Next we have to filter. There are 5,030,040 records in the CICS stored grades table as of 9/22/22! You can't work with that many rows (especially in a locally hosted instance of PowerSchool like the CICS instance). Note, this will require some familiarity with what lives in the fields of the tables. In this case, if we look at what fields exist in the dropdown on the "Search StoredGrades" table we see many available fields. As a pointer, we often want to filter information based on time (all records for all years are stored here, so...there are a lot in some tables), location, or person. In this case we're going to search for all of the final grades in Middle School Reading classes from last year at a given school.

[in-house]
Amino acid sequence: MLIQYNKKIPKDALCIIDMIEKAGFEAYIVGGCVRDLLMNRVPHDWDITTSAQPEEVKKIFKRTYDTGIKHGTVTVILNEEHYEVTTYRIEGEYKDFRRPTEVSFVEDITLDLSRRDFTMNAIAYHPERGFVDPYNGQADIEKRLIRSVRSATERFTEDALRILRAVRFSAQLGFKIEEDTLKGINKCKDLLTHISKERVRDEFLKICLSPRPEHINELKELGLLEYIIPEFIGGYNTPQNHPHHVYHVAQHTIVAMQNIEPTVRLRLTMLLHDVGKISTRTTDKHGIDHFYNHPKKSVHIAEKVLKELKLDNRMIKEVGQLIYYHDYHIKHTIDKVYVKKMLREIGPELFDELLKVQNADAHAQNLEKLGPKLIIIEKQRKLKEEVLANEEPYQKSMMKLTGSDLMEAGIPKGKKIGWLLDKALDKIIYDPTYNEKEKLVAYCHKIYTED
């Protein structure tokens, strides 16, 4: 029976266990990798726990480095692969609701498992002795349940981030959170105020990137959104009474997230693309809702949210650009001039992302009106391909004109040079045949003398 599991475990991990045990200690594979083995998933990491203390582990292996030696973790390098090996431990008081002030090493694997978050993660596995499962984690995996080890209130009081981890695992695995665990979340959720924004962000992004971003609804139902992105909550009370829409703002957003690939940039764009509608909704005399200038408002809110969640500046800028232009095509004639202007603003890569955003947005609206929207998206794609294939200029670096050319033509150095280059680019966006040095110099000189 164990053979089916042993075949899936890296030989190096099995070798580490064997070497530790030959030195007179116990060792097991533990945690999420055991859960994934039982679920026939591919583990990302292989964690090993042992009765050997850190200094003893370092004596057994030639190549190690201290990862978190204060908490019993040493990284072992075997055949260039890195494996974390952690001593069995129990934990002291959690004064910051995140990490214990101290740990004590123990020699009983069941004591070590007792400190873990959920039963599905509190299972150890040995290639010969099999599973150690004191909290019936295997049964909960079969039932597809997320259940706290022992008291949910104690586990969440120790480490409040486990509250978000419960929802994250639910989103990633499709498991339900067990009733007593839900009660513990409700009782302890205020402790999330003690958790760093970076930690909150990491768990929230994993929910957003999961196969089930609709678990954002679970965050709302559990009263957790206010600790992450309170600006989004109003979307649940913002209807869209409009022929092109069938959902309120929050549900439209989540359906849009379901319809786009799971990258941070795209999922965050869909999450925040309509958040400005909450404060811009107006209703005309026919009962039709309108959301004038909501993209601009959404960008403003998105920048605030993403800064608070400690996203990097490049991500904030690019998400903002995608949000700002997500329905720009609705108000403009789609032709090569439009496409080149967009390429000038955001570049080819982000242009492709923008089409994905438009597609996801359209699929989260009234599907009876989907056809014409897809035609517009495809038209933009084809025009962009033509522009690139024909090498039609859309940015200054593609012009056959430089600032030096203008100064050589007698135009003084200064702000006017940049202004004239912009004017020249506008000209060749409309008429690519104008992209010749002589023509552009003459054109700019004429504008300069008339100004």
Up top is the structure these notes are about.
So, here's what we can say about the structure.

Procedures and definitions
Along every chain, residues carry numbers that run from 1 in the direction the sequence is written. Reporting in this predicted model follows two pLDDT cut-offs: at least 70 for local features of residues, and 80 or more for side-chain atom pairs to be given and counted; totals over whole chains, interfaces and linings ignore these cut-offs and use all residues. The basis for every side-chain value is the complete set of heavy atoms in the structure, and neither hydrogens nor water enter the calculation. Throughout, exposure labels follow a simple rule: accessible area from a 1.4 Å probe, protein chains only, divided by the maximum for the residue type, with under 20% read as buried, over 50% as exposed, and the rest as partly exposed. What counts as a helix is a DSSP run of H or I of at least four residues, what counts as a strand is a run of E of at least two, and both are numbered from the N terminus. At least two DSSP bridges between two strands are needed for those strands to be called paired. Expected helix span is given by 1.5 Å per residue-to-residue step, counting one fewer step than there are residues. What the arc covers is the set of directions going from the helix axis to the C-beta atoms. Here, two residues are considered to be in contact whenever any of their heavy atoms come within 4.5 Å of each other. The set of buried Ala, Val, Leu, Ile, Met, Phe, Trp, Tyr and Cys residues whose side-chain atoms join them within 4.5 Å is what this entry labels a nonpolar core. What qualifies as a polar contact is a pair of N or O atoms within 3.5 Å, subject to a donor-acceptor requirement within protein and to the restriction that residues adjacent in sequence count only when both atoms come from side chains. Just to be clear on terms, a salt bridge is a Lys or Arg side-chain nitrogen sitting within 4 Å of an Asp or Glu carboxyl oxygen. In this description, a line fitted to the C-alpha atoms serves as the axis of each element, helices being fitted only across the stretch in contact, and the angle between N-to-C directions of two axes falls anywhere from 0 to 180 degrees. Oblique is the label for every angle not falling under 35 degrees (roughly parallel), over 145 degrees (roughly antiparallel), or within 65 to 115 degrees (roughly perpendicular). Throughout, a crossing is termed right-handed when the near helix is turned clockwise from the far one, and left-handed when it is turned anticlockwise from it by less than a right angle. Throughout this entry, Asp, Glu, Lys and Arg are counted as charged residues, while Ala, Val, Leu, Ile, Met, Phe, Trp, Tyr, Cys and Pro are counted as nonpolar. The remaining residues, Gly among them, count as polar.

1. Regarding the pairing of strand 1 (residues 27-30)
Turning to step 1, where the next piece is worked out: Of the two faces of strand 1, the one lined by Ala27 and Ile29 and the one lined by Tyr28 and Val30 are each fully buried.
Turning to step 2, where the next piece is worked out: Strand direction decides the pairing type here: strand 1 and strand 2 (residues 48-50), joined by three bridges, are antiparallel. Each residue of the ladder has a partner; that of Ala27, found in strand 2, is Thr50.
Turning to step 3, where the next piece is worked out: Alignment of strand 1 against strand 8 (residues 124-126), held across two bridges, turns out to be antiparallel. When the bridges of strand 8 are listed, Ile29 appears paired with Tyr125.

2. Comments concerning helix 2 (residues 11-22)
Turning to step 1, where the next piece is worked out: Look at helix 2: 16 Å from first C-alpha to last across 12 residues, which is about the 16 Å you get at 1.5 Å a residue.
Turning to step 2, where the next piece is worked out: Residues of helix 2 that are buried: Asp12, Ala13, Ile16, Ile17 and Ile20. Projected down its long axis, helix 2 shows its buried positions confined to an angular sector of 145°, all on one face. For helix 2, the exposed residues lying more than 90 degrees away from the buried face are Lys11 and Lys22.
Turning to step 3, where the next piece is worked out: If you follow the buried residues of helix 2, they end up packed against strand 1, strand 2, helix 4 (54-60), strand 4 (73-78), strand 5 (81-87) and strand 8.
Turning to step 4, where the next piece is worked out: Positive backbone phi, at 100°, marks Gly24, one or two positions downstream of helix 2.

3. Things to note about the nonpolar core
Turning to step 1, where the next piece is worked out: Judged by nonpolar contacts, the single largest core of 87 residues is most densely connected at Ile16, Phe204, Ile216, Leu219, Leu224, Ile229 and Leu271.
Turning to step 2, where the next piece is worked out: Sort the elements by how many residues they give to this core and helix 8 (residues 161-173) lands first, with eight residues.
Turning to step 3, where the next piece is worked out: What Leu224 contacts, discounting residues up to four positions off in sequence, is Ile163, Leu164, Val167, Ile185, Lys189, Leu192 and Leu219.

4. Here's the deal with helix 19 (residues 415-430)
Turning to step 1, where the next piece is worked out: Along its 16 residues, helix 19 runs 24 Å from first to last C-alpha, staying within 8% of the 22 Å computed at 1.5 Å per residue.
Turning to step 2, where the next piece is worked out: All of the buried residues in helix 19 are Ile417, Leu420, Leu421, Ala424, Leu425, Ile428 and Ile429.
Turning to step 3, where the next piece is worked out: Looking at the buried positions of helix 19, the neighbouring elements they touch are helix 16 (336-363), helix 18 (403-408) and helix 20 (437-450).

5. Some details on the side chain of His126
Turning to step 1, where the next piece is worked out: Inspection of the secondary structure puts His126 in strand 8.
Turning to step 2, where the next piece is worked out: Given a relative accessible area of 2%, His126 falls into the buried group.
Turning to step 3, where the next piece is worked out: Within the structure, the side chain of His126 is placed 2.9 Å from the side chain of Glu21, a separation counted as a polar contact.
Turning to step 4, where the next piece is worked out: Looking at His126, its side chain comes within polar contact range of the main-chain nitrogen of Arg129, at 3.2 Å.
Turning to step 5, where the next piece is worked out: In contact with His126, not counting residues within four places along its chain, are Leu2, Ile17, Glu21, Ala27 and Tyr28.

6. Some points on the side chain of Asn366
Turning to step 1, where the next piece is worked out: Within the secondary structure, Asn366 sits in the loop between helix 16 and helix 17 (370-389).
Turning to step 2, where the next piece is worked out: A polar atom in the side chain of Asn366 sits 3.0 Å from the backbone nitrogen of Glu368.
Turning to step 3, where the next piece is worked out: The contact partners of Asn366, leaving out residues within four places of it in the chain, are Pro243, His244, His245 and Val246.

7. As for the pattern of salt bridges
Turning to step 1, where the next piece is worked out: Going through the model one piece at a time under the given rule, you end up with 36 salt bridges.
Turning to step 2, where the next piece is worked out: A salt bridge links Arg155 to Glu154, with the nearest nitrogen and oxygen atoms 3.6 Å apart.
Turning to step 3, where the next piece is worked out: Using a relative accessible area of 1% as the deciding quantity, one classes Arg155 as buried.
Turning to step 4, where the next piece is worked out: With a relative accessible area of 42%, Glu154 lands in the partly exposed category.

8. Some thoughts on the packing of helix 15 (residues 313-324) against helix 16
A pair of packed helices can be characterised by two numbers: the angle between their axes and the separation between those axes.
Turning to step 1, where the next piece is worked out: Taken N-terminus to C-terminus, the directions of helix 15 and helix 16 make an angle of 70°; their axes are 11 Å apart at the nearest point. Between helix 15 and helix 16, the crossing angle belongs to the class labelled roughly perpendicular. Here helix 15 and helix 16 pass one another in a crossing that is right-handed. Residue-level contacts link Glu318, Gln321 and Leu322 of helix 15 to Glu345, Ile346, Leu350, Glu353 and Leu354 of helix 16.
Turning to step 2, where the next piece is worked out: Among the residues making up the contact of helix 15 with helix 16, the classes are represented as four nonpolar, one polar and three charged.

Which variables you filter on are important, but the order you filter doesn't matter at all. Think of these tables as a giant spreadsheet with a filter on. If you filter out a certain year first, and then filter out the course title it's going to give you the same list as if you do it in the opposite order.
Let's first filter by TermID. TermID is a field that is pretty common in PowerSchool tables. Terms stem from the school year and it's corresponding YearID. In the SY2022-2023 School Year YearID is 32 and the TermID is 3200 (quarterly courses, and grades created in PowerTeacherPro may have a different 4th digit - Quarter 1 might be 3201, Q2 = 3202, etc.). You might be asking yourself, "why is SY2022-23" year 32, and the answer is, "I have no idea. Just memorize the pattern and don't ask so many questions."